Dahua SD42212SN-HN 1080P Mini PTZ Dome Review

1080P PTZ cameras can be expensive and sometimes cost thousands. They also may require special power supplies and can be large. The Dahua SD42212SN-HN has 12x optical zoom, pans and tilts quickly,  can work with the included power supply or you can use a PoE+ injector, is smaller in size than other Dahua PTZ cameras and  comes with a street price of under $500.

Main Features

  • 5.1 mm~61.2mm lens (12x Optical zoom)
  • H.264 &MJPEG dual-stream encoding
  • 30fps@1080P & 60fps@720P resolution
  • DWDR, Day/Night (IR Cut Filter), Ultra DNR, Auto iris, Auto focus
  • Max 300°/s pan speed, 360° endless pan rotation
  • Up to 80 presets, 5 auto scans, 8 tours, 5 patterns
  • Alarm inputs (2), output (1)
  • Audio input/output
  • Intelligent 3D positioning
  • Micro SD card slot (card not included)
  • IP66 Ingres Protection
  • IK10 Vandal Resistant
  • -20ºC ~ 60ºC temperature range (-40ºC ~ 60ºC with heater on)

What comes in the box is the camera, a 24V power supply, CD, tool to remove dome, gloves, install template. They call this a mini PTZ dome, but don’t compare it in size to the mini dome I recently reviewed, this is going to be bigger. The camera on the left is a typical vandal dome, in this case the Hikvision ds-2cd2732f I reviewed a while back. The camera on the right is the Dahua SD42212SN-HN. It’s a little wider and a lot taller. What interesting to note is the lens is large, not the typical M12 lenses used in most vandal domes.

This camera permanently found a home att our weekend lake home where I used the optional cap and arm to mount it to the fascia board. You can mount the camera directly to an eave as long as it’s level to the ground. For testing by my garage, I mounted straight to the eave of the roof.

Dahua has become a PTZ leader in the industry with a large assortment of 1080P PTZ cameras. While this represents their affordable Eco-savvy Series, it’s far from a being a low end camera. The sensor and lens combine to give this camera very good low light performance. For example, I replaced a Hikvision mini bullet, even with IR LEDs on the bullet, the Dahua SD42212SN-HN has much better low light capability as you’ll see.

The closest comparison is the ACTi B95 I reviewed a year ago. The image quality, low light performance and resolution are comparable. What’s different is the size, the B95 is much smaller, same size as the Hikvision dome in pictured above.  The ACTi B95 uses less power and standard PoE (the Dahua requires PoE+) and the B95 was more responsive. A nod goes to Dahua for having 12x optical zoom vs. 10x optical zoom on the ACTi. But the ACTi is about $400 more expensive.

This is what the web interface looks like when you first log in. There’s the PTZ arrows buttons to pan and tilt the lens. The button in the center turns on 3d positioning. When this is yellow, you can click on the screen to move the lens around and draw a box with your mouse to zoom in. There’s buttons for zoom, foxus and iris.  Also a drop down where you can select a preset or a tour of presets.  There’s also options to take a snapshot, manually record, chose a stream.

To configure the camera, click on the Setup tab across the top. Under the camera menu are two items, Conditions and Video. Conditions is where you control image properties like brightness, contrast and such. Also this is where you set wide dynamic range (WDR) or backlight compensation (BLC) options as well as noise reduction.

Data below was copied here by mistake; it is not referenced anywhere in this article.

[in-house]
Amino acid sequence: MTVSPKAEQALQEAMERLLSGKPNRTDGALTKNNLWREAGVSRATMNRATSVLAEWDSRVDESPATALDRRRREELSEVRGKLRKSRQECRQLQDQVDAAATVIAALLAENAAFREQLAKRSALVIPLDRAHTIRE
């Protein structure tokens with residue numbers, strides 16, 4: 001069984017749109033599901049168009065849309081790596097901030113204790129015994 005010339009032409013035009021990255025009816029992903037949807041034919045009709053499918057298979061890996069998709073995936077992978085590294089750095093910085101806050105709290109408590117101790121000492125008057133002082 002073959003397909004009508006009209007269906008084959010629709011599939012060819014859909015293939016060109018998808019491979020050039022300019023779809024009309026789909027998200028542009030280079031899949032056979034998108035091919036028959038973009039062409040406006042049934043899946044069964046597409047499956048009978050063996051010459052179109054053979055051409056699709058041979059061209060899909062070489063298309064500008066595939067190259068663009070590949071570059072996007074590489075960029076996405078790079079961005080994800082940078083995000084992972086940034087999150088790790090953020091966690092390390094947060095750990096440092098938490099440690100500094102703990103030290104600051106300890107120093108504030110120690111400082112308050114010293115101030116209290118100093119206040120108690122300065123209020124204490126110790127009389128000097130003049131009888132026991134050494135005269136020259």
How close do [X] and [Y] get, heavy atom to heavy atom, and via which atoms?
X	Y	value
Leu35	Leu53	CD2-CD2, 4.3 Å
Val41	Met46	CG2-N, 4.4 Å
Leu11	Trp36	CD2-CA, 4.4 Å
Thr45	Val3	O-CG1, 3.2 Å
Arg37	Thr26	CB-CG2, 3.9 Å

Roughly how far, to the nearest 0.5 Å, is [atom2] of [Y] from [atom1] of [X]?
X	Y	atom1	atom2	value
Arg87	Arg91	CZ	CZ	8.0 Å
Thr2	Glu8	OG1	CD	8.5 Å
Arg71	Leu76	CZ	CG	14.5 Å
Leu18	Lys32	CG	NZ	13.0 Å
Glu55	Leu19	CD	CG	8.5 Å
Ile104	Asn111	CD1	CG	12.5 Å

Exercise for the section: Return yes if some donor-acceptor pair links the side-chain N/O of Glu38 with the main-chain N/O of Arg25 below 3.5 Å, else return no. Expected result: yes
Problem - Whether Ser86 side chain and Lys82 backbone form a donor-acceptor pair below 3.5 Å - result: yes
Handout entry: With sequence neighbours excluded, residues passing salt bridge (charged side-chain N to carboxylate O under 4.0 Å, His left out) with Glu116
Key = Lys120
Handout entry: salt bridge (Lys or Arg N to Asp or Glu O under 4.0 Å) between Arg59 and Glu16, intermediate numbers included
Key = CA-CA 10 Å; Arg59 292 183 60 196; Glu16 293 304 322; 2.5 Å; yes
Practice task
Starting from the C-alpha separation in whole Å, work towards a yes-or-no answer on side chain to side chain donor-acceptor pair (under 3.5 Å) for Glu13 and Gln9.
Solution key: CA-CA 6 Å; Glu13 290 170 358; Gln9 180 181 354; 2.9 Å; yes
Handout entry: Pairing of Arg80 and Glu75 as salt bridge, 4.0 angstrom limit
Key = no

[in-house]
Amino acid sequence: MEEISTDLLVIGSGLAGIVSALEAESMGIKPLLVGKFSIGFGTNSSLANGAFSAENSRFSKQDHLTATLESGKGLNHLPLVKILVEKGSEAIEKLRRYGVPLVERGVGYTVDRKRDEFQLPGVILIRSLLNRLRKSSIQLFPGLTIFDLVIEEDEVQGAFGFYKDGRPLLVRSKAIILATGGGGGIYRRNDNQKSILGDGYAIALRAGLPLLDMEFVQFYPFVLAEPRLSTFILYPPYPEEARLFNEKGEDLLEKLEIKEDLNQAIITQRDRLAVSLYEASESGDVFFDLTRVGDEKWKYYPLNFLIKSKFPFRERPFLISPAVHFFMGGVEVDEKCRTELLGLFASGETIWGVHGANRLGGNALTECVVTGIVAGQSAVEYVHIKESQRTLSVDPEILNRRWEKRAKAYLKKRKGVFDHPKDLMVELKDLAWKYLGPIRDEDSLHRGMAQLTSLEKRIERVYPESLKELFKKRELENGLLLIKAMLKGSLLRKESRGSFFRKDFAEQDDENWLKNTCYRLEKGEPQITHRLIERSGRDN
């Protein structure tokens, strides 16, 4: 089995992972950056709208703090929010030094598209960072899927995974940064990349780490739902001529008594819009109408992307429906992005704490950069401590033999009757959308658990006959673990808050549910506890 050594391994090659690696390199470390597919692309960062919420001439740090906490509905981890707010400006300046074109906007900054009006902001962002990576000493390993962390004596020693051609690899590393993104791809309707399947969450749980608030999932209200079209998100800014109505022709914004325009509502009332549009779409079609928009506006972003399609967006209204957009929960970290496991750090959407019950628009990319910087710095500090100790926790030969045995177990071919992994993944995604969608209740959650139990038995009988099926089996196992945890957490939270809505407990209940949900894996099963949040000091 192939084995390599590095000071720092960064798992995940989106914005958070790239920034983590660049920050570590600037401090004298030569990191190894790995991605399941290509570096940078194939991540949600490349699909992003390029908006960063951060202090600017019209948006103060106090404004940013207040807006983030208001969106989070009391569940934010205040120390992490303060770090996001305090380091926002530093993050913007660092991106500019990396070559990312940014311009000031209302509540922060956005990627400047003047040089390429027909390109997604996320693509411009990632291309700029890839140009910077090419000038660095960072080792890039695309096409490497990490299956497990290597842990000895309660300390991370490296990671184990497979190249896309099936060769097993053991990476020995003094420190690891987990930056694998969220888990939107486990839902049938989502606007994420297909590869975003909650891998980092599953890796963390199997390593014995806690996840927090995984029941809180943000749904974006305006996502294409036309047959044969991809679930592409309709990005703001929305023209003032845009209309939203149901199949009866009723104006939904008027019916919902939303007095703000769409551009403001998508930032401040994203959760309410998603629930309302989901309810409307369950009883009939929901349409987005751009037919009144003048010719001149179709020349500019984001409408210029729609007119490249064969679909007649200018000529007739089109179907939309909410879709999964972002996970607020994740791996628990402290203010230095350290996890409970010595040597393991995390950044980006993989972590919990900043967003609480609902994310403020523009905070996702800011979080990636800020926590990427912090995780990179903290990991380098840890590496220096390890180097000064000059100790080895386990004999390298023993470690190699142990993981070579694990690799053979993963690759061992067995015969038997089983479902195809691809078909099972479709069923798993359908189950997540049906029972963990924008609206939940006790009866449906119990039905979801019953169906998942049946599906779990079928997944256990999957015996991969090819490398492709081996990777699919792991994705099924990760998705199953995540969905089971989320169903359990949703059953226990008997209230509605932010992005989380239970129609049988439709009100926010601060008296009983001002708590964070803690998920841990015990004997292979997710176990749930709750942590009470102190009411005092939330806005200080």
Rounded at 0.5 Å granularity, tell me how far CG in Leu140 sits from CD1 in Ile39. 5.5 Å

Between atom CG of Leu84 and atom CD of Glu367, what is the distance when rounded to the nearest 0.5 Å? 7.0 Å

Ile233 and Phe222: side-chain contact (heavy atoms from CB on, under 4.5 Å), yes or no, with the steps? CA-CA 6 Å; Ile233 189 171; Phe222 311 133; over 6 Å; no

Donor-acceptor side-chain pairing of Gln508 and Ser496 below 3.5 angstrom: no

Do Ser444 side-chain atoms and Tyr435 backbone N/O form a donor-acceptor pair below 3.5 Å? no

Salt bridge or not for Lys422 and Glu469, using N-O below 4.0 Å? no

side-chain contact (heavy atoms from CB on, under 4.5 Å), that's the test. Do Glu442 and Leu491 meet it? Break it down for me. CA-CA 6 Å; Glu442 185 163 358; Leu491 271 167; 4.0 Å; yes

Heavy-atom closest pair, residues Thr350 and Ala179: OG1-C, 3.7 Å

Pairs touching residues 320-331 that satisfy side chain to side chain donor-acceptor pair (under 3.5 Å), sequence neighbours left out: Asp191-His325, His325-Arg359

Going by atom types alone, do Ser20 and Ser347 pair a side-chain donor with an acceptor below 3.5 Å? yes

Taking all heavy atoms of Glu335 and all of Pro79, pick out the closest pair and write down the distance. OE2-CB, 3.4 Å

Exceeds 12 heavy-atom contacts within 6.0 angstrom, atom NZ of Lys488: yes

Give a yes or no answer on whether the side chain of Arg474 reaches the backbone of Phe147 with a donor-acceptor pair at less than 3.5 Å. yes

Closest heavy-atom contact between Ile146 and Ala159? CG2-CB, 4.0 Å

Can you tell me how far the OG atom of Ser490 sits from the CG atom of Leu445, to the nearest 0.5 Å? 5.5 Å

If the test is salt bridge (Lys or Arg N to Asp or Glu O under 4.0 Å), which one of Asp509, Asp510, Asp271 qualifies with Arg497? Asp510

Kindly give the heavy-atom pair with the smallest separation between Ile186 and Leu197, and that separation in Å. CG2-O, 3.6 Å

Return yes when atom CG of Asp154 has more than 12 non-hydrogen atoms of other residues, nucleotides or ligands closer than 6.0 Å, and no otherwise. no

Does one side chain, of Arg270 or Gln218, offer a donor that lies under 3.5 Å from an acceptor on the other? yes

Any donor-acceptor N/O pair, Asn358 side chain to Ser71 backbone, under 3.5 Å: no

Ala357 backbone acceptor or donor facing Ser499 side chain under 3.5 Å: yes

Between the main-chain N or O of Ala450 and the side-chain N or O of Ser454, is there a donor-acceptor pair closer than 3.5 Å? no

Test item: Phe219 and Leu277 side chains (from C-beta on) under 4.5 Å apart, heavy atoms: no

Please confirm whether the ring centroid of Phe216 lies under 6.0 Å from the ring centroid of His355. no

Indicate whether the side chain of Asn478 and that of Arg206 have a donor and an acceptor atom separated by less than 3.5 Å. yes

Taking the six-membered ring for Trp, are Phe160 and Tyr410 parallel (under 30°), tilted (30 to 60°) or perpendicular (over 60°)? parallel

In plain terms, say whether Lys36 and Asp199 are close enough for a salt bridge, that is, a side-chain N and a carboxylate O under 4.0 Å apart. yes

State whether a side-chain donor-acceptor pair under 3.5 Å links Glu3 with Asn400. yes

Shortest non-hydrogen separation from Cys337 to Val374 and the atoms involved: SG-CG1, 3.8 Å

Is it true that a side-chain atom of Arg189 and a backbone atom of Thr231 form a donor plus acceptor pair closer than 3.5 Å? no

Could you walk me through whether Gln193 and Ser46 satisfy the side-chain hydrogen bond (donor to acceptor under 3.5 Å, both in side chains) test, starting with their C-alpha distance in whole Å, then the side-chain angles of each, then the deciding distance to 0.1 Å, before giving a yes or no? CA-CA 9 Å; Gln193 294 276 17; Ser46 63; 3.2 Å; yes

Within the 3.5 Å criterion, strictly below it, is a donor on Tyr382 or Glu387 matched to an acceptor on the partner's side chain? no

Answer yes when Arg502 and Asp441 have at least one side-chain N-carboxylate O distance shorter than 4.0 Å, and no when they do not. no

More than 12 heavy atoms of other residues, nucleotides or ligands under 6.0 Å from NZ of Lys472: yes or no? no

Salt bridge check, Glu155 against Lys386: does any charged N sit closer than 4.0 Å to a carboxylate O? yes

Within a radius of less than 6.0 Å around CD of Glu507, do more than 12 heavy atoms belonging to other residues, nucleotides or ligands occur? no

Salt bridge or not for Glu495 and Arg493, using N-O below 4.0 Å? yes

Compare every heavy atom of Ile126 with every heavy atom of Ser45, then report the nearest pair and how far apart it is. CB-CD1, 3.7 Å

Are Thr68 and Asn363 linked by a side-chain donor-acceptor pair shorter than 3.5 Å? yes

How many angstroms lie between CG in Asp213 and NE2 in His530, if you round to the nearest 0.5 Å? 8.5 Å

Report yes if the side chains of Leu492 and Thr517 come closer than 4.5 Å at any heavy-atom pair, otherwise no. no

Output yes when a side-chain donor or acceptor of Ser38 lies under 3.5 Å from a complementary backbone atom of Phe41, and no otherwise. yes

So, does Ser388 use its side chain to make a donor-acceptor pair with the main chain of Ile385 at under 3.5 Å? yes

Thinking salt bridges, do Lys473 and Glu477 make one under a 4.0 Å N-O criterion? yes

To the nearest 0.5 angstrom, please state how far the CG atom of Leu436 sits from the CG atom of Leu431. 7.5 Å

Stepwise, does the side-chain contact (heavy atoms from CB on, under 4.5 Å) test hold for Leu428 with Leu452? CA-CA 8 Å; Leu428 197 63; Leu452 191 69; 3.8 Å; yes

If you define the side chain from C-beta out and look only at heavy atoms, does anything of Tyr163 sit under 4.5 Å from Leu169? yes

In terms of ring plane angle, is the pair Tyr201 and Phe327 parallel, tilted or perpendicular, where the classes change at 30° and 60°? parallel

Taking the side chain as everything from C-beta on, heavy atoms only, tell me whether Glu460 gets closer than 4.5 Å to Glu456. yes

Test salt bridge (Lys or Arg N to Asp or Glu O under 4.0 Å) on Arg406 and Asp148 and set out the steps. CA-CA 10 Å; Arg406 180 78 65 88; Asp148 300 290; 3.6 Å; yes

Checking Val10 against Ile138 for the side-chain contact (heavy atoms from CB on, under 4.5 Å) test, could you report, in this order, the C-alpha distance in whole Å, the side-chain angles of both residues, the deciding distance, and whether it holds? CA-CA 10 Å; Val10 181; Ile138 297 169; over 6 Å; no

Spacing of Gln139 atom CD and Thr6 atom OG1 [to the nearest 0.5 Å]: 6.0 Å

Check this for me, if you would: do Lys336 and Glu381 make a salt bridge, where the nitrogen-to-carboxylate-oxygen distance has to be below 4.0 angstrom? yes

The Picture sub-menu is where you can set the brightness, contrast, sharpness and such.

Under Exposure, you can set exposure compensation, shutter speed limits and such.

Under the Video menu, you can set the resolution, a max of 1080P for the main stream and max of D1 (704×480) for the sub stream. The sub stream comes in handy when live viewing the camera from your phone.

Also under the Video menu, under the Overlay tab, you can set what and where overlay text is displayed. In my case, I displayed time and  the channel title.

Under the Network -> TCP/IP menu item, you can set the IP address if you have not already done so with the Config Tool that’s included on the CD. Use that tool to find the camera initially ( with a user/password of admin/admin are the defaults).

The next sub-menu item down is Connection and that’s where you can change the ports if you need to. To use the camera remotely, you’ll need to port forward the HTTP, TCP and RTSP ports.

The PTZ menu item is next. I left the protocol at default, didn’t see a need to change it. The Function menu is where you set presets, tours and such. In this case, I set 4 presets. You click “add” to add a new preset, aim the lens where you want and then click the “save” button. To go to a preset, click on Live on the top menu bar, then select Presets under PTZ Function on the right and select the preset number you created and click “Go to”.

A “Tour” is a series of presets that you want to have repeat continuously. You click “+ Add”, give it a name, then add the presets you created above. To start the tour, click on Live on the top menu bar, then select Tours under PTZ Function on the right and select the tour number you created and click “Go to”.

You’ll need to set the time and time zone. I enabled the defaults NTP server and Daylight Savings Time and set the Time Zone for my area. Then click “Save” to save these settings.

Under the Playback tab on top, you can play back video recorded on an SD card if you installed one. It supports up to a 64GB microSD card. I would recommend a good heavy duty SD card like the Sandisk High Endurance made for surveillance cameras. The problem with SD cards is they have a limited amount of writes that can be done before the card goes bad. Sandisk claims to make one that has better write endurance. The larger the SD card you get, the less writes per sector are done, so you can double the life of the card by getting one that’s twice the capacity.  More detail HERE.



Now onto the images. I mounted the camera under the eave of my garage. Also mounted it at our lake home. As before, you can click on the image to see the full size 1080P image straight from the camera.

This image is taken at full wide angle and WDR turned off.

I set WDR to 10, a fairly low setting, but you can see more detail in the trash truck at the expense of less contrast in the image.

At night, with the camera in night mode, the image quality is pretty decent considering it’s using existing light.

With the camera left in color/day mode, the image is a little darker, but you get some sense of color. I would let it go to night mode in B&W.

Looking down the street, zoomed in more, no WDR, the image is quite good

Again, in color mode, a little darker, but you get a sense of colors like the red stop sign.

Now the prettier stuff, the camera mounted at the lake. This is with the zoom set to the widest angle. WDR turned off, and most importantly, because I want to have this viewed by several people, I set the bit rate real low at 2,048. Normally I set this to 6,144. The picture looks very good at the low bit rate where other brands like Hikvision tend to deteriorate if you set it this low. Bit rate is how you set how much compression you want based on how much bandwidth it should use.